One may find that the difficulty of a translation is strangely proportionate to the interest that one takes in it. To translate something simple, a text that comes over easily, smoothly, without any nicks or dents, is to participate in mechanical labor, like entering numbers into a many-celled table. A difficult text on the the other hand, one that’s full of knots, seduces the translator who is perverse enough not only to be willing to carry out the job, but who feels artistically and even ethically compelled to do so.
One poet & translator who knows how to enjoy this ‘perverse pleasure’ is Pierre Joris, who in a recent post on his Nomadics blog, answers the question, “Why do you translate?”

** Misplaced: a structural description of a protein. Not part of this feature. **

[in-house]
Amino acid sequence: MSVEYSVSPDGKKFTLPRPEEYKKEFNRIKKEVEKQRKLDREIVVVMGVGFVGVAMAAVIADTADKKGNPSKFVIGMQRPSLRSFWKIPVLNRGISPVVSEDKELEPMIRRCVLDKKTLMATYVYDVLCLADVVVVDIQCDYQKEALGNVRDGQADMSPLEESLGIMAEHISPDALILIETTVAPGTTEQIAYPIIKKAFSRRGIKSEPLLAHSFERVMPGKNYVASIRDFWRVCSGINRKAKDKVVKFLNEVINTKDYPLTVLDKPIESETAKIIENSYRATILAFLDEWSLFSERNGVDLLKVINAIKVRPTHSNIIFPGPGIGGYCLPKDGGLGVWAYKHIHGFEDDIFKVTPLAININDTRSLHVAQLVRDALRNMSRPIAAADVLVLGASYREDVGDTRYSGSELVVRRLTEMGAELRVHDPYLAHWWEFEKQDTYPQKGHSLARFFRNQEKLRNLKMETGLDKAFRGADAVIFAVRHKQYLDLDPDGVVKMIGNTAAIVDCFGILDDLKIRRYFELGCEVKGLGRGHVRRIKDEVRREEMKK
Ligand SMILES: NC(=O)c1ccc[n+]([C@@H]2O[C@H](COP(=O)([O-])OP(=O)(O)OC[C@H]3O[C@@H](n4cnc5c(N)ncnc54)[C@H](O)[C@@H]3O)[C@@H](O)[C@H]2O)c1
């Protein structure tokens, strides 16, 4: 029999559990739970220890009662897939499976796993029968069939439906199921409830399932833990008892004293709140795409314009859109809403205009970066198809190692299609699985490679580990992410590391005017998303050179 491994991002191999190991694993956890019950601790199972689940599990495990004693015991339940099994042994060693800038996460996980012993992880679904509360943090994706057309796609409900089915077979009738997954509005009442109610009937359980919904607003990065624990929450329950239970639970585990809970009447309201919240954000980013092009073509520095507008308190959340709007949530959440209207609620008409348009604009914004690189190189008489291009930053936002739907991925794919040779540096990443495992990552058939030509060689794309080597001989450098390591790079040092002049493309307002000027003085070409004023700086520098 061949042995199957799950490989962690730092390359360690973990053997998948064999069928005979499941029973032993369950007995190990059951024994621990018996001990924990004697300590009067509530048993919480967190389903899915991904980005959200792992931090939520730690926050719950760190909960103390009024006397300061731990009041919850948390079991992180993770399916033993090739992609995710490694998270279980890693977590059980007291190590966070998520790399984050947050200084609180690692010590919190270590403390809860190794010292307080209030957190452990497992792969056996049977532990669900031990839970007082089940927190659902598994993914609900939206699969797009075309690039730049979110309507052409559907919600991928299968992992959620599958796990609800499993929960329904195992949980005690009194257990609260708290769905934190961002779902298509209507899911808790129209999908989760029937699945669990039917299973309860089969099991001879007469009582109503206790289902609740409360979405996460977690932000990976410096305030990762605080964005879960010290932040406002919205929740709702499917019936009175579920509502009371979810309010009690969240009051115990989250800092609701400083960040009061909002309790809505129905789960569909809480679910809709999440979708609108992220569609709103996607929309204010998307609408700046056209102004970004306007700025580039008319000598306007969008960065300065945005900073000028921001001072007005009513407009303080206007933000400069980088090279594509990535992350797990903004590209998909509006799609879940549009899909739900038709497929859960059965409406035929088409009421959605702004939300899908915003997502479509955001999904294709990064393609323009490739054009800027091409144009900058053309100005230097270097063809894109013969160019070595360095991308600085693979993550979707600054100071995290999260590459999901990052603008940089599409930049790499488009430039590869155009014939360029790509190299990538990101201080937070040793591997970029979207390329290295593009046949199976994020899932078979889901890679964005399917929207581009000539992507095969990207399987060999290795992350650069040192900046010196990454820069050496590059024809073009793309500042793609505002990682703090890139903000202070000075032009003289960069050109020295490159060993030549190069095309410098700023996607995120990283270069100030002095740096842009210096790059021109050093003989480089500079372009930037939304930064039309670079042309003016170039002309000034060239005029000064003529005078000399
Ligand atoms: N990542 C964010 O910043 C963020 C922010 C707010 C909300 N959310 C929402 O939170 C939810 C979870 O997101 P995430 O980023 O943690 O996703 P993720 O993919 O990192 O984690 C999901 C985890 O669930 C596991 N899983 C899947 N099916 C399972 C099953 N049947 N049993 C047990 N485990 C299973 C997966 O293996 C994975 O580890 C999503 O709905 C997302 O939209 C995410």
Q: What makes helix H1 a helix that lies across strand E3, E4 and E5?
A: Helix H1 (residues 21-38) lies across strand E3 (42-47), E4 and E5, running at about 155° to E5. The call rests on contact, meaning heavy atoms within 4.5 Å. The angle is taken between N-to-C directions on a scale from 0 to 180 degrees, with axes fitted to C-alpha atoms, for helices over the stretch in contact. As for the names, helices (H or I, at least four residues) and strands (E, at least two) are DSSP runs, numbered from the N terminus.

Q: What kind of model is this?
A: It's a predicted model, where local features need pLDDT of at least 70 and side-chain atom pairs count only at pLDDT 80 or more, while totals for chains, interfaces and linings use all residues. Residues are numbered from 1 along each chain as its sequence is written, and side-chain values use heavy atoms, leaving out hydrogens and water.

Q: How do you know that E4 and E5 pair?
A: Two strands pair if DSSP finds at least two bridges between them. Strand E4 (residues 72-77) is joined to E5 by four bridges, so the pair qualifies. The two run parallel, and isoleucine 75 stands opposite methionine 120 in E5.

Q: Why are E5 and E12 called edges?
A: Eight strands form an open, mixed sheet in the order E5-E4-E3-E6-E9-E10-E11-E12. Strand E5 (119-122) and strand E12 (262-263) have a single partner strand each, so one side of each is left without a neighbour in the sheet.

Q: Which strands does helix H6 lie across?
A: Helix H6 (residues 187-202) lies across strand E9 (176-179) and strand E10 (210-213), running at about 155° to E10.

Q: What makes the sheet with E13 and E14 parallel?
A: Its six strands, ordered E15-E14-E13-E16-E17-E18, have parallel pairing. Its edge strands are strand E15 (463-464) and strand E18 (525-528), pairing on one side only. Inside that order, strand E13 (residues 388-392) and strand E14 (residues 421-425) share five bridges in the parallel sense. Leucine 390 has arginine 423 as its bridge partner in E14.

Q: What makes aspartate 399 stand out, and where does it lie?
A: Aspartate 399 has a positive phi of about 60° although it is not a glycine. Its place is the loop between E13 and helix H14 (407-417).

“Because it pleases me.
Because it beats watching television, except when the Mets are on, but they play so lousily much of the time that I avert my eyes & continue to translate looking up only to check the score.
Because, to be frank, I want to know what the poets in Ghana are up to.
Because I am foolish enough to believe the 16th C philosopher & poet Giordano Bruno who said that all science has its origin in translation, and was burned at the stake for that and a few other peccadilloes in 1600 on the Campo Fioro in Rome. Bruno is of course the patron saint of translators.
Because by accident of birth I was blessed or damned with a batch of different languages and a perverse pleasure of pitting them and their different musics against each other.
Because I can.
Because I love doing it.
Because I have to because if I and everybody else don’t translate the world will be a way shittier place than it already is…”